Hubs and spokes: remarks on innovation and outsourcing - Gerry Cross, Director of Policy and Risk

22 October 2018 Speech

Gerry Cross

Remarks at Industry event: Authorisations & Consumer Protection

Welcome

Good morning, ladies and gentlemen. It is a pleasure to welcome you to the Central Bank for our first Innovation Hub event. We are happy to see so many of you here early Monday morning, representing such a wide variety of FinTech stakeholders. It confirms to us, if confirmation were needed, the level of demand for this type of event and for engagement with the Central Bank on innovation and technology matters.

I would like to start today by discussing the thinking behind our events programme, and our perspective on engagement more generally. After which I will briefly update on our forthcoming outsourcing report.

The Central Bank’s approach to engagement on innovation

The Central Bank of Ireland launched its FinTech and innovation engagement initiative earlier this year. A key feature of this initiative is the Central Bank’s Innovation Hub. As well as ongoing engagement with individual stakeholders, we have developed an events programme to provide for enhanced opportunities for, and modes of engagement with, innovators and stakeholders. These will allow us to address matters of general interest that we are seeing arise through the Innovation Hub and elsewhere.

We established the Innovation Hub to achieve a number of objectives in line with our mandate to safeguard financial stability and regulate financial firms so that they are well run, financially sound and acting in the best interests of their customers. Our approach to innovation and technological development is always firmly embedded in this mandate to ensure a well-regulated financial sector contributing to a well-functioning, sustainable economy.

The Innovation Hub enables entities engaged in innovation to contact the Central Bank with questions on navigating the Irish regulatory landscape. At the same time, it provides us with the opportunity to become better sighted on relevant technological developments and innovations. Something that is important for any regulator looking to tomorrow and not just today. It is important that we know how the firms we regulate are changing so that our regulation and supervision is able to respond accordingly.

Over these past initial few months, we are very pleased to find that the Innovation Hub is already operating as intended. We have seen a steady flow of enquiries from and engagements with a significant number of entities involved with innovation and technology. This is good success in itself. It also provides a strong platform to build on as we go forward.

The Central Bank’s engagement with innovation, of course, pre-dates the establishment of the Innovation Hub. Many functions across the Central Bank have long been engaging with innovating entities to understand well new technologies and new ways in which financial services are being designed, developed and delivered. However, as the impact of new technologies becomes more pervasive and the appetite for engagement with the Central Bank stronger, we are seeking to further enhance and coordinate this engagement.

By providing an easily accessible, transparent, clear point of contact for stakeholders and innovators, the Innovation Hub gives those stakeholders and innovators a means to engage with us in an easy-to-use, and informal manner, and it gives us a more complete view of how innovation is unfolding and likely to impact financial services and our role and responsibilities. We want to be talking to innovators, hearing their perspective and seeing where new ideas and technologies are taking us.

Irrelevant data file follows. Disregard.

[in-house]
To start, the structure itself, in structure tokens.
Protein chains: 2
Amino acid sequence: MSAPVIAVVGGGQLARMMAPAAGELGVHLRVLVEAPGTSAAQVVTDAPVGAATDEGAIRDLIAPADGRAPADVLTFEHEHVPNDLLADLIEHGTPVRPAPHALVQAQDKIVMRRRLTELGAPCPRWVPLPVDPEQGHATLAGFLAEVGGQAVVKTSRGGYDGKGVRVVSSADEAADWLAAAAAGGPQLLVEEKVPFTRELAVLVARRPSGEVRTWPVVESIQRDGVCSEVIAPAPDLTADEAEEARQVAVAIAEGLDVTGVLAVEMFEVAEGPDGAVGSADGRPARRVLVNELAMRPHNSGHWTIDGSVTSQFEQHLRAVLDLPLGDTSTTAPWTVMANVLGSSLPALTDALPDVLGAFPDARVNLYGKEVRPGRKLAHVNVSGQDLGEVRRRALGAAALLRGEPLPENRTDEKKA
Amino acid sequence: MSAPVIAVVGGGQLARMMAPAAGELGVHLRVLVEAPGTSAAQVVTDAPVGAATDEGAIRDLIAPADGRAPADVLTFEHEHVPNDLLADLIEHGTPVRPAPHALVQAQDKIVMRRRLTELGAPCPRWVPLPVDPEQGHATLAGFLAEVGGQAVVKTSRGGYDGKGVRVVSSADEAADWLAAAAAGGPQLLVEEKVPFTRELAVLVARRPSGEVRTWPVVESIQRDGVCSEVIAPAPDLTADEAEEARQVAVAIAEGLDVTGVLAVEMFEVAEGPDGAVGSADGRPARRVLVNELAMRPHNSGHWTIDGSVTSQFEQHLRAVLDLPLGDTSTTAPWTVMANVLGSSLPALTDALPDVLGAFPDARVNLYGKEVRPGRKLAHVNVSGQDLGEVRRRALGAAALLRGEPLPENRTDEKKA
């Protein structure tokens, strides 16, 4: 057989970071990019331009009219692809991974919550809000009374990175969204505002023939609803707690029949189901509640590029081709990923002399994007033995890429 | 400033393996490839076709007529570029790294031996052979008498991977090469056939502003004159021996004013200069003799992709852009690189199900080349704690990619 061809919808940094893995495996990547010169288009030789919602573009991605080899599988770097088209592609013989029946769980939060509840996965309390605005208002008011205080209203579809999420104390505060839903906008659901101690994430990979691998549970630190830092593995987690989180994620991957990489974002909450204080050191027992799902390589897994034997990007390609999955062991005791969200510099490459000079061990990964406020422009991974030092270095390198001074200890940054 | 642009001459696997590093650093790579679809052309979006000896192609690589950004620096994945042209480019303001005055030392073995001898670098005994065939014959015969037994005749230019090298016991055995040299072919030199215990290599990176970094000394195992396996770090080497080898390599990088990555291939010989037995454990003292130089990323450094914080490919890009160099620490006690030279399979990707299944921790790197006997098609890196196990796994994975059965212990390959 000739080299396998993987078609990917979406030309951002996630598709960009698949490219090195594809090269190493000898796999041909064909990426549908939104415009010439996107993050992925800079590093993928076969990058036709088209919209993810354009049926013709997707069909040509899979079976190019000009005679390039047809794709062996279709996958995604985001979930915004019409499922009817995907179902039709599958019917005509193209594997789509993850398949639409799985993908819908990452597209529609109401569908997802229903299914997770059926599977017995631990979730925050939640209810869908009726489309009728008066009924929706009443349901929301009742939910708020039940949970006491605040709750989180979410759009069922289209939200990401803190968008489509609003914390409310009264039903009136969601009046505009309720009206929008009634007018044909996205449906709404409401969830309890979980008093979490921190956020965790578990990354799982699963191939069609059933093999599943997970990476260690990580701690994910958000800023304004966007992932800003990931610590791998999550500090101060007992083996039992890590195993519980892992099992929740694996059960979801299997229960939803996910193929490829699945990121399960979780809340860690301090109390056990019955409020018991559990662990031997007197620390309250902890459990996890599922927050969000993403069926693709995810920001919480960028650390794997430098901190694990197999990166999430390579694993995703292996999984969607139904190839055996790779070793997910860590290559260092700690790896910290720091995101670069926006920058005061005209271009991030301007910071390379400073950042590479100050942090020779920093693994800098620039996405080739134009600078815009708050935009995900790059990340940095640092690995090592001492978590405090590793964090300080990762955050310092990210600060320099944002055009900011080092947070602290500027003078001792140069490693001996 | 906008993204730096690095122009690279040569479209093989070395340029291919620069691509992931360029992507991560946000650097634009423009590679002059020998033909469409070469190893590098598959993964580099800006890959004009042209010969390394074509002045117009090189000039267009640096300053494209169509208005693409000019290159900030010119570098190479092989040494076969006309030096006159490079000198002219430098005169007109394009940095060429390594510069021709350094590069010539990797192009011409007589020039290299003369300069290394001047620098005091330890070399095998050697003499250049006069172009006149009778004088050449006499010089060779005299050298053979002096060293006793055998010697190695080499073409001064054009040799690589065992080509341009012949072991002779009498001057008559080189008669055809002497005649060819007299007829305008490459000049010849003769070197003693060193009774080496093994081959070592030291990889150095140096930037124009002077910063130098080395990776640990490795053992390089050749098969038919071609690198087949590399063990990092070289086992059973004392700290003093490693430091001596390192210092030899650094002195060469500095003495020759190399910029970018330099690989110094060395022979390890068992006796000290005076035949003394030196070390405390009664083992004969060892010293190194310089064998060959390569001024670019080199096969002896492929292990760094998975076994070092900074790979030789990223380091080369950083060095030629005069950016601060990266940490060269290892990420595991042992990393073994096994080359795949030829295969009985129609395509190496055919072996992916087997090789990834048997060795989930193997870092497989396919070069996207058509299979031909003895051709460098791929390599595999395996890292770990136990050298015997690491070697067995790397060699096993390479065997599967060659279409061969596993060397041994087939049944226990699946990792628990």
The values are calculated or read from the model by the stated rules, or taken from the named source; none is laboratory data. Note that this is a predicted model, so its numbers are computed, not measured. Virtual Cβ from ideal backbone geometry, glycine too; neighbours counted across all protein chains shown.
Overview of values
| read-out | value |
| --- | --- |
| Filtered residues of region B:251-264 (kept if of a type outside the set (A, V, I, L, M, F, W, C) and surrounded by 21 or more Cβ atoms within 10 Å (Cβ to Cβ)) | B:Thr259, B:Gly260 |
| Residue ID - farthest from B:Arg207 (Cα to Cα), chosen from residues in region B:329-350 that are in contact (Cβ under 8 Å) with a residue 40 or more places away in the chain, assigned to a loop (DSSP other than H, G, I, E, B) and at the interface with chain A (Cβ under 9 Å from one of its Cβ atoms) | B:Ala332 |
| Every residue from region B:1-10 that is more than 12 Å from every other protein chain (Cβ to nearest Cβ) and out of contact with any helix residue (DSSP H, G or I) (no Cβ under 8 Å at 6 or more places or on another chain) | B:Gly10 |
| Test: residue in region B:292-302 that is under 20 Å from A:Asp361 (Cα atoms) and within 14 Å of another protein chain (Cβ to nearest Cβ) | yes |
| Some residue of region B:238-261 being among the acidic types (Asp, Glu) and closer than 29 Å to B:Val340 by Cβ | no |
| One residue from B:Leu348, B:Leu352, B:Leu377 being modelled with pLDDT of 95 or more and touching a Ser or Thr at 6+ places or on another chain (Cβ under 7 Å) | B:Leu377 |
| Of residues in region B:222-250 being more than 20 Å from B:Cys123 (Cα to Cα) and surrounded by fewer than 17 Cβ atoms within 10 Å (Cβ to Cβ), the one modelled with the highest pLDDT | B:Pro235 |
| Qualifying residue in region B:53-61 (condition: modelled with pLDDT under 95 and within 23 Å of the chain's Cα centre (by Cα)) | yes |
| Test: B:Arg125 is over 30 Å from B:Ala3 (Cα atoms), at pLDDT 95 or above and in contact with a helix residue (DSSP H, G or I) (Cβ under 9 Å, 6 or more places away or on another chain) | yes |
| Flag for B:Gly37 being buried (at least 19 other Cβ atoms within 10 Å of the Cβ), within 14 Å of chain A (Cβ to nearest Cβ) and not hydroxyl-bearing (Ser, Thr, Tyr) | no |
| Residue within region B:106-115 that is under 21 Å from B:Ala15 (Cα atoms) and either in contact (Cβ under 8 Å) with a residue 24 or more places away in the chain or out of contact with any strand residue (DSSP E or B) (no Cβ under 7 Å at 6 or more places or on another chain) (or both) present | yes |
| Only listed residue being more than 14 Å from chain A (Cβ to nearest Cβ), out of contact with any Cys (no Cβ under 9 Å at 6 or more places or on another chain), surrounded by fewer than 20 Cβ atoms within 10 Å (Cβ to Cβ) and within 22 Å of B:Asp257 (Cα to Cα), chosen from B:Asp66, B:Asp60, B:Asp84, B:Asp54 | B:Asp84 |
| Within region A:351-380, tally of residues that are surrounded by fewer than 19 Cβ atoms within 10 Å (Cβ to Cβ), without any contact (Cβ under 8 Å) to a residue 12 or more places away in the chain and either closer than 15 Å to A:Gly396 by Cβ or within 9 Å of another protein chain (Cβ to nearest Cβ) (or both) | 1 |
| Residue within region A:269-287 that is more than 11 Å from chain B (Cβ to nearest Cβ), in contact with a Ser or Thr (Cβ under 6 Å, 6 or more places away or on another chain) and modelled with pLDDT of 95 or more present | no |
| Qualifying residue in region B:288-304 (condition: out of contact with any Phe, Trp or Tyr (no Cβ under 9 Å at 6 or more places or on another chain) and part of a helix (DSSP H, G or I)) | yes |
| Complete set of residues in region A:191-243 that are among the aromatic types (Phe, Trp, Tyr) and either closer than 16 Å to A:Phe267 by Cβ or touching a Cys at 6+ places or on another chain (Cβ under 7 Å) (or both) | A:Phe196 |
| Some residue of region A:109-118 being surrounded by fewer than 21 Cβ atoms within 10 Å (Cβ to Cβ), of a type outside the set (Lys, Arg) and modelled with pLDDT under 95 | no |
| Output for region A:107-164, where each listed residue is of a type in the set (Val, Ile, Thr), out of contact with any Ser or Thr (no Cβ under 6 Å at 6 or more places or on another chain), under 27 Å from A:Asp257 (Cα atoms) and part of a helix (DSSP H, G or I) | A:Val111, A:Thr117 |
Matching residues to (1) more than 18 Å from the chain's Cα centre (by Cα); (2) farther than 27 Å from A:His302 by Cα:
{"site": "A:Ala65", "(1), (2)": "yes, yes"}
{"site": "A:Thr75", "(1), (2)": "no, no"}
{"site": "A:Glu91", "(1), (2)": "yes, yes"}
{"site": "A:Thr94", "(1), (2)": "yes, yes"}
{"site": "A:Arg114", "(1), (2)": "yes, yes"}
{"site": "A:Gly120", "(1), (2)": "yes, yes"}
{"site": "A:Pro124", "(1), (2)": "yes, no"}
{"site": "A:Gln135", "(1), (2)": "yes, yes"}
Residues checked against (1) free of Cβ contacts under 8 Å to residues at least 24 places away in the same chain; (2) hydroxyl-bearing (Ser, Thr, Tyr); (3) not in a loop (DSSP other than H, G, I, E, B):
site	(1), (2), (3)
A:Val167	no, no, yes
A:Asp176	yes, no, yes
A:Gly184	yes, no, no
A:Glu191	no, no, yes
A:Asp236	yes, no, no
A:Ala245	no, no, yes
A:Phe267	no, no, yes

The Innovation Hub is supported by an internal FinTech Network drawing on expertise from over 20 different divisions across the Central Bank. This ensures that we bring the right resources to bear, and helps us to effectively disseminate relevant intelligence across the organisation.

Innovation has the capacity to bring many benefits for consumers, the economy and society in general. And it is essential to the effective functioning of a competitive economy. And here is where a challenge lies for financial regulators. As I have said before, but I think it is worth saying again: innovation is good, but not all innovations are good, and not all good innovations are done well. So for regulators the challenge is to facilitate good innovation, to seek to prevent or limit innovations that are detrimental to the goal of well functioning financial services and markets, and to ensure that the associated risks are well-managed. Again, our role here is driven by our mandates of financial stability, well run, sound financial firms, and consumer protection.

One of the benefits of the Innovation Hub is that we are able to look across our engagements to date and start to identify trends and common issues. For example, payments and RegTech businesses account for the largest number of engagements with the Innovation Hub. This is consistent with our research into the Irish FinTech landscape back in 2017. We are also seeing engagement with firms across financial services, including InsurTech firms, funds service providers, and intermediary platforms.

Another initial observation is that we are seeing less engagement through the Innovation Hub from incumbent firms. Here, I would like to reiterate that the Innovation Hub is not just a resource for start-ups, but is open to all firms innovating in financial services.